A less-saturated market also means one with fewer competitors, presenting a crucial opportunity for U.S. companies to be among the first to touch a market. This advantage also gives U.S. exporters the chance to win over a Chinese customer base, known for its strong brand- loyalty behavior and tendency to associate U.S. brand names with high quality. One exporter recently explained, “In big cities there is a lot of competition already. But in second-tier cities, we have an edge because fewer of our international rivals are there.”
Even though this study is a few years old, the trend of increased spending on imports in second-tier cities seems to have not only continued but intensified. This summer, a joint report on China’s luxury market issued by Ruder Finn Asia and Albatross Global Solutions found that purchasing patterns in first- and second-tier cities were only marginal, as consumer confidence and purchasing power in smaller cities shows signs of growth. As a Global Times article this summer pointed out, while first-tier cities will probably maintain their role as luxury brands’ “crown jewels,” with opulent showrooms in Beijing, Shanghai and Guangzhou, the important stores — the ones actually selling items — are the real key to long-term revenue in China:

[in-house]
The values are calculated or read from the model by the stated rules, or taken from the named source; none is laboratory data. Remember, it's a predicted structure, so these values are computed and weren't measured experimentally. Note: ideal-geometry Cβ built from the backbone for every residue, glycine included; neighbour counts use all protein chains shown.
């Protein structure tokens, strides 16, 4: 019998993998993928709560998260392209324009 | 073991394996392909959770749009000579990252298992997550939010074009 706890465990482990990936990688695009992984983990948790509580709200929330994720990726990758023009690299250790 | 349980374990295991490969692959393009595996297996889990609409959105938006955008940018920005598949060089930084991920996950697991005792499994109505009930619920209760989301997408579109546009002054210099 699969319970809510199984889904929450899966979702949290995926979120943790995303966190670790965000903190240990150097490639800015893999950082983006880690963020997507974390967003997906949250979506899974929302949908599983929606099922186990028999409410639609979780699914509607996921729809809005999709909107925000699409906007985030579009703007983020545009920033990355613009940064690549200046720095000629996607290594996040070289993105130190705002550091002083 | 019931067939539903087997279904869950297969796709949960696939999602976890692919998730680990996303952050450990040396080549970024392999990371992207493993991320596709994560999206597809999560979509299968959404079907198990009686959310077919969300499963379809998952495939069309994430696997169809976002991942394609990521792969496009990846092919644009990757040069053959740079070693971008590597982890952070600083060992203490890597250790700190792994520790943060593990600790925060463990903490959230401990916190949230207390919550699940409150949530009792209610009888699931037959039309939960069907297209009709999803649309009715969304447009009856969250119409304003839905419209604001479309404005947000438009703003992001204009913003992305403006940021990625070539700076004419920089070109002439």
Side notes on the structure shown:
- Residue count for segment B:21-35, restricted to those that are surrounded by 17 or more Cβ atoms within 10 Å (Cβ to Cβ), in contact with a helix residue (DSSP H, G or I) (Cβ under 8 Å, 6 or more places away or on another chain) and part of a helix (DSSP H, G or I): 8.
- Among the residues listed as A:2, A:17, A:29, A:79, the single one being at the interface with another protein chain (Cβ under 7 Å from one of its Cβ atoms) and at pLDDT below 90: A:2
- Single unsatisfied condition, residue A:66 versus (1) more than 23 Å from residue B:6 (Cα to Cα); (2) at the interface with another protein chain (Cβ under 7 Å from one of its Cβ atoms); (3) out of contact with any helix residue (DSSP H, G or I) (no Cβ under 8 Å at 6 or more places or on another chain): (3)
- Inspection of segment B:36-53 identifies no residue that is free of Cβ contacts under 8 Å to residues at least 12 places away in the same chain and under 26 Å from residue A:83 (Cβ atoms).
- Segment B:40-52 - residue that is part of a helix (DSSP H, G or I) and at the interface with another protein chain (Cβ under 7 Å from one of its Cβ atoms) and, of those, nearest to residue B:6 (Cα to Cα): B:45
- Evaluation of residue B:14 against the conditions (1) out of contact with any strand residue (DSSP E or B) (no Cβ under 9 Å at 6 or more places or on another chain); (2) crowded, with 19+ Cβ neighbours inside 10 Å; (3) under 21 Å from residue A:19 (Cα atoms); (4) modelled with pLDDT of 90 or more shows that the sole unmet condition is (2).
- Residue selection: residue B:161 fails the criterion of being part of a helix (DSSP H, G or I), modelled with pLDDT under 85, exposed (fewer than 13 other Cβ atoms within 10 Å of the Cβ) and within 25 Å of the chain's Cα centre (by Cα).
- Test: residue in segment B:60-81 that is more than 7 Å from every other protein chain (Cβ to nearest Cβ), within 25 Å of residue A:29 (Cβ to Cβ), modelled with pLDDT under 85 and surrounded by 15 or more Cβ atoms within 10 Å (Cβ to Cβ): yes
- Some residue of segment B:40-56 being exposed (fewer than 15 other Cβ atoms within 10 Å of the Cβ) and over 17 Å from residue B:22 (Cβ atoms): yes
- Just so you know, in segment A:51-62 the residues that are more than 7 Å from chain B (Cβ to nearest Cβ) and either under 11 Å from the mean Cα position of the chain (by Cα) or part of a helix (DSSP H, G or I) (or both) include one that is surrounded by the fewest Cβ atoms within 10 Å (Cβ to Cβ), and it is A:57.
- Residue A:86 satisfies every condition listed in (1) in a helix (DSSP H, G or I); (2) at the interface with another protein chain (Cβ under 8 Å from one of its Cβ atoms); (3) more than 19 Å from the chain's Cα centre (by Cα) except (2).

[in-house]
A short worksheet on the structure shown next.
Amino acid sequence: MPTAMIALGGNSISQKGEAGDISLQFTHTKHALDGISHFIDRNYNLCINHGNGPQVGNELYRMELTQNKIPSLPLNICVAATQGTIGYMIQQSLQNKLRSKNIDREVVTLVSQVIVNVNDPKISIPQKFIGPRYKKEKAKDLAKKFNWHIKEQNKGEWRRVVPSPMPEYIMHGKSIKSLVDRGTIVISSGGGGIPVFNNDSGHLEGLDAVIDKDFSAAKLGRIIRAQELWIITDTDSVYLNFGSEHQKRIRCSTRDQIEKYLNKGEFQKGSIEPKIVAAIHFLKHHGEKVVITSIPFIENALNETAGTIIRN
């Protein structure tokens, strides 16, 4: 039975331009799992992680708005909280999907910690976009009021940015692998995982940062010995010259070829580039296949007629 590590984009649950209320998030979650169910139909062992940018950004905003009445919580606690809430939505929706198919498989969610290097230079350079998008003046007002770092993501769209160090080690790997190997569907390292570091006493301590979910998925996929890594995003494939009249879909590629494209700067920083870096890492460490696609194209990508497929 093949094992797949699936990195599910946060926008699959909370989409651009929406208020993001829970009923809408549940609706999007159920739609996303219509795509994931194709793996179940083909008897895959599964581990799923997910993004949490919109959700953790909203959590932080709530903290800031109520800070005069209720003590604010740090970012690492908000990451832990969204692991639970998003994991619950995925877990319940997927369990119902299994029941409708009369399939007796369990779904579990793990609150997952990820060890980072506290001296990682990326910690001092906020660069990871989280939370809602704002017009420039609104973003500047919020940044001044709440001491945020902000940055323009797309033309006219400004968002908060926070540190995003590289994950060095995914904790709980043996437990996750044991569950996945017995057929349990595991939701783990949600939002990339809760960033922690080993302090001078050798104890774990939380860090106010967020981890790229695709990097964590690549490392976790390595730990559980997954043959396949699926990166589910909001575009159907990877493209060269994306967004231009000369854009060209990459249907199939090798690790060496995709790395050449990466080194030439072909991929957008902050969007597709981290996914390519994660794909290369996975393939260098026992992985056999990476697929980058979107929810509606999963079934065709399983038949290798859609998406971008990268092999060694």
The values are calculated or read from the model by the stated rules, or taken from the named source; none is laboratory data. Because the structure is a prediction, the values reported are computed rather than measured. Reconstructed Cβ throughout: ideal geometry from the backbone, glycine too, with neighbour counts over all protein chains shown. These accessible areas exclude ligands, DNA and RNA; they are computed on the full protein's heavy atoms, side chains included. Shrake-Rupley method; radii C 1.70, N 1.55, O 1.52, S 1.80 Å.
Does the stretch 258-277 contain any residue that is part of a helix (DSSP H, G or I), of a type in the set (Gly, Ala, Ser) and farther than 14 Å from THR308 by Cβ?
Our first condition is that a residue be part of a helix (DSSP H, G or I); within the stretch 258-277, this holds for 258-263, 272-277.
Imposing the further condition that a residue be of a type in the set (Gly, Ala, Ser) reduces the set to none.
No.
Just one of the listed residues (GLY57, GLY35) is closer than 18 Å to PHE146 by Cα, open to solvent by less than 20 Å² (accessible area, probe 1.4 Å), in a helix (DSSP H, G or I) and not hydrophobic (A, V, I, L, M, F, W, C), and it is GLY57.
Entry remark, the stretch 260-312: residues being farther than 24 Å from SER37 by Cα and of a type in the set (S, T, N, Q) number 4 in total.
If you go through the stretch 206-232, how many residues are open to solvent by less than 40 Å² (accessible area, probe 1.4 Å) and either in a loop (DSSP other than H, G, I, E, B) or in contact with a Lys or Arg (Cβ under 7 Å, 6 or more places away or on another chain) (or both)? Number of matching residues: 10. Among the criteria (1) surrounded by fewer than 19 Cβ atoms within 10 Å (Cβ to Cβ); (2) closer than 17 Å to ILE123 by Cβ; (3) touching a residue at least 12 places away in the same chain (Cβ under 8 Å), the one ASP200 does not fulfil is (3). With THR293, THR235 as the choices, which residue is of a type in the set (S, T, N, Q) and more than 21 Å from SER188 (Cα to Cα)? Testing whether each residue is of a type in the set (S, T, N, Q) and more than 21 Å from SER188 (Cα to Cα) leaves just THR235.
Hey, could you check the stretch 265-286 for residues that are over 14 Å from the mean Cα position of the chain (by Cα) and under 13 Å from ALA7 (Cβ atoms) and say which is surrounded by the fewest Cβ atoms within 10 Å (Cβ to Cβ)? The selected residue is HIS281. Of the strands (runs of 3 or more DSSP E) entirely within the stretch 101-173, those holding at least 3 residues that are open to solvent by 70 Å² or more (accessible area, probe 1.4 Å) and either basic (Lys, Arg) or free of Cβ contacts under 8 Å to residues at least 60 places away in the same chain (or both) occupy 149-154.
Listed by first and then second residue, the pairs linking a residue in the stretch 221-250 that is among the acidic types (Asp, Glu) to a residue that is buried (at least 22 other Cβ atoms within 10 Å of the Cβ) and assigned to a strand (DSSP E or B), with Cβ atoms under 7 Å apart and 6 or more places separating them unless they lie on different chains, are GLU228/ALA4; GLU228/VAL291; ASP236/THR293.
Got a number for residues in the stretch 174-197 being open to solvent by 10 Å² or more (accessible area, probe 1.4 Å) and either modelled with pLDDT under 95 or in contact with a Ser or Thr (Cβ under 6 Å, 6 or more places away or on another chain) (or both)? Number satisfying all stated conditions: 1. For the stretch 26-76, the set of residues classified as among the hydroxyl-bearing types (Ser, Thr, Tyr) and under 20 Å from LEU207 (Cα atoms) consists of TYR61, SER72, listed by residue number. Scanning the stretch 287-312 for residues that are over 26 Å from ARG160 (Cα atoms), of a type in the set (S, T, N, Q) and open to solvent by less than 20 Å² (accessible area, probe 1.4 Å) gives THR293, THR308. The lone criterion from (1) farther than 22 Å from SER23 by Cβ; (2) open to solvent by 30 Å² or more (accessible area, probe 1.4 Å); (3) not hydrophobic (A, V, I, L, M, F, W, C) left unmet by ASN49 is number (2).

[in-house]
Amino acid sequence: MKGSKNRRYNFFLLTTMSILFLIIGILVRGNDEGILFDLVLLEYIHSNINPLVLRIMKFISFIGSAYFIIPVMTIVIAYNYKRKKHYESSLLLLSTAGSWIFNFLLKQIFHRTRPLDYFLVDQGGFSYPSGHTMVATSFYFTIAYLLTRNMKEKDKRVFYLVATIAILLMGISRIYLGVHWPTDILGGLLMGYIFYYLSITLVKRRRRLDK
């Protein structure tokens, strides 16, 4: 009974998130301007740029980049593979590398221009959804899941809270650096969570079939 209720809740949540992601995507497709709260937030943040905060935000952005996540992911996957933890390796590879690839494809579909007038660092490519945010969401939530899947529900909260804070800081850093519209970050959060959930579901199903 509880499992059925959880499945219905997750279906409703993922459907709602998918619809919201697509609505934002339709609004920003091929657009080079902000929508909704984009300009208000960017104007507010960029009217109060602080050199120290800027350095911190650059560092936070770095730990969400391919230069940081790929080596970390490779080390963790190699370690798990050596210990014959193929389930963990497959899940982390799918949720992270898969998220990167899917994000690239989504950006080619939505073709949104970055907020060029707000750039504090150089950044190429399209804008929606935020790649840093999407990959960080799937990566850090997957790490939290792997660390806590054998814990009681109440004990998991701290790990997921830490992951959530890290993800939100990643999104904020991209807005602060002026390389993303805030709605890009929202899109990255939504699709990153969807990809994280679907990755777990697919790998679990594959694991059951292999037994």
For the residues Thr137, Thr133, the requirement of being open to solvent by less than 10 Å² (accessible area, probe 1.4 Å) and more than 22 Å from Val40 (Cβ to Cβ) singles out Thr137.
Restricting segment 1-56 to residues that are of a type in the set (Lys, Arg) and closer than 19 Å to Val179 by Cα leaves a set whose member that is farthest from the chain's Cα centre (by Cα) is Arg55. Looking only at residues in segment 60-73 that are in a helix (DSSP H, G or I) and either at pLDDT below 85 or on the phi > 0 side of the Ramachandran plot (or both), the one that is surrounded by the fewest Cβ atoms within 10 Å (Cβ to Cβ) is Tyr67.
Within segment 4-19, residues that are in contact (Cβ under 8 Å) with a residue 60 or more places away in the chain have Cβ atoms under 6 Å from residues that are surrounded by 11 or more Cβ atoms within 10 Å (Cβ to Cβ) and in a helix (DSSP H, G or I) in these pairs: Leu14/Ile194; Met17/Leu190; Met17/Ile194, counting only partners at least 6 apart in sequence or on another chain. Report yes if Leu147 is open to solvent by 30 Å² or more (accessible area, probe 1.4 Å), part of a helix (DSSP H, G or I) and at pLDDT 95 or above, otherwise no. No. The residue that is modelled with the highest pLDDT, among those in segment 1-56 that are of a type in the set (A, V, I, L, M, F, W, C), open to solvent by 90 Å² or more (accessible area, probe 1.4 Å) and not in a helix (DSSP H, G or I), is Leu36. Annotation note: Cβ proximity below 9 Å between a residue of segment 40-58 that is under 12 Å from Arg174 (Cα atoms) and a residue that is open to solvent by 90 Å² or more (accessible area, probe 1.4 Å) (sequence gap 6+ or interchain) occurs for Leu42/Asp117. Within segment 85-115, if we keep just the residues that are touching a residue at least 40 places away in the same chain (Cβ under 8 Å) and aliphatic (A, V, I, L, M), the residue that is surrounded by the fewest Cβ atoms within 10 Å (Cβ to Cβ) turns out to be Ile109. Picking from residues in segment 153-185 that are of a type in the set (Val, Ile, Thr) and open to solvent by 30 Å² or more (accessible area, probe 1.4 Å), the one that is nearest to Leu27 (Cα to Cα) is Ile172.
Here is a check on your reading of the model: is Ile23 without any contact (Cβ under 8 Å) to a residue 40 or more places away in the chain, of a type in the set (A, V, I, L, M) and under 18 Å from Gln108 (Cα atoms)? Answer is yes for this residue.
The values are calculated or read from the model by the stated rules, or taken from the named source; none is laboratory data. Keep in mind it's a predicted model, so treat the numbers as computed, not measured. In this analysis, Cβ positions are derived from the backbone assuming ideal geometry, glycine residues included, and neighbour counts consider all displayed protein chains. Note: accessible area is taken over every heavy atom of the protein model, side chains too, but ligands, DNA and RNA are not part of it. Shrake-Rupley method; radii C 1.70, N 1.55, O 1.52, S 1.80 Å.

“While brands continue to allocate image-building resources in tier-1 cities, tier-2 cities are anticipated to be key to their long term and sustained success,” said Jean-Michel Dumont, chairman of Ruder Finn Asia.
Despite optimism among many analysts looking into the second-tier luxury sector in China, uncertainty remains among others about the future of luxury retailing in China. This week, an excellent Luxury Society article investigates the two outlying concerns that many luxury execs have about the future of the Chinese market: consumer taste and prohibitive pricing (a byproduct of the aforementioned luxury tax). In this article, the author discusses the short- to medium-term prospects for luxury in China with a number of industry experts, and finds that there are no easy routes for sustainable revenue in the Mainland market. As long as wealthier customers can find luxury products abroad at a cheaper price, or can pop over the border to Hong Kong or Macau for a quick day-trip, even the most exclusive luxury brands will have trouble cajoling these customers to shop locally.
[D]espite the allure of these glamorous and expansive retail establishments, many anecdotal reports suggest that a significant proportion of Chinese shoppers don’t use local malls as the primary outlet to buy luxury goods.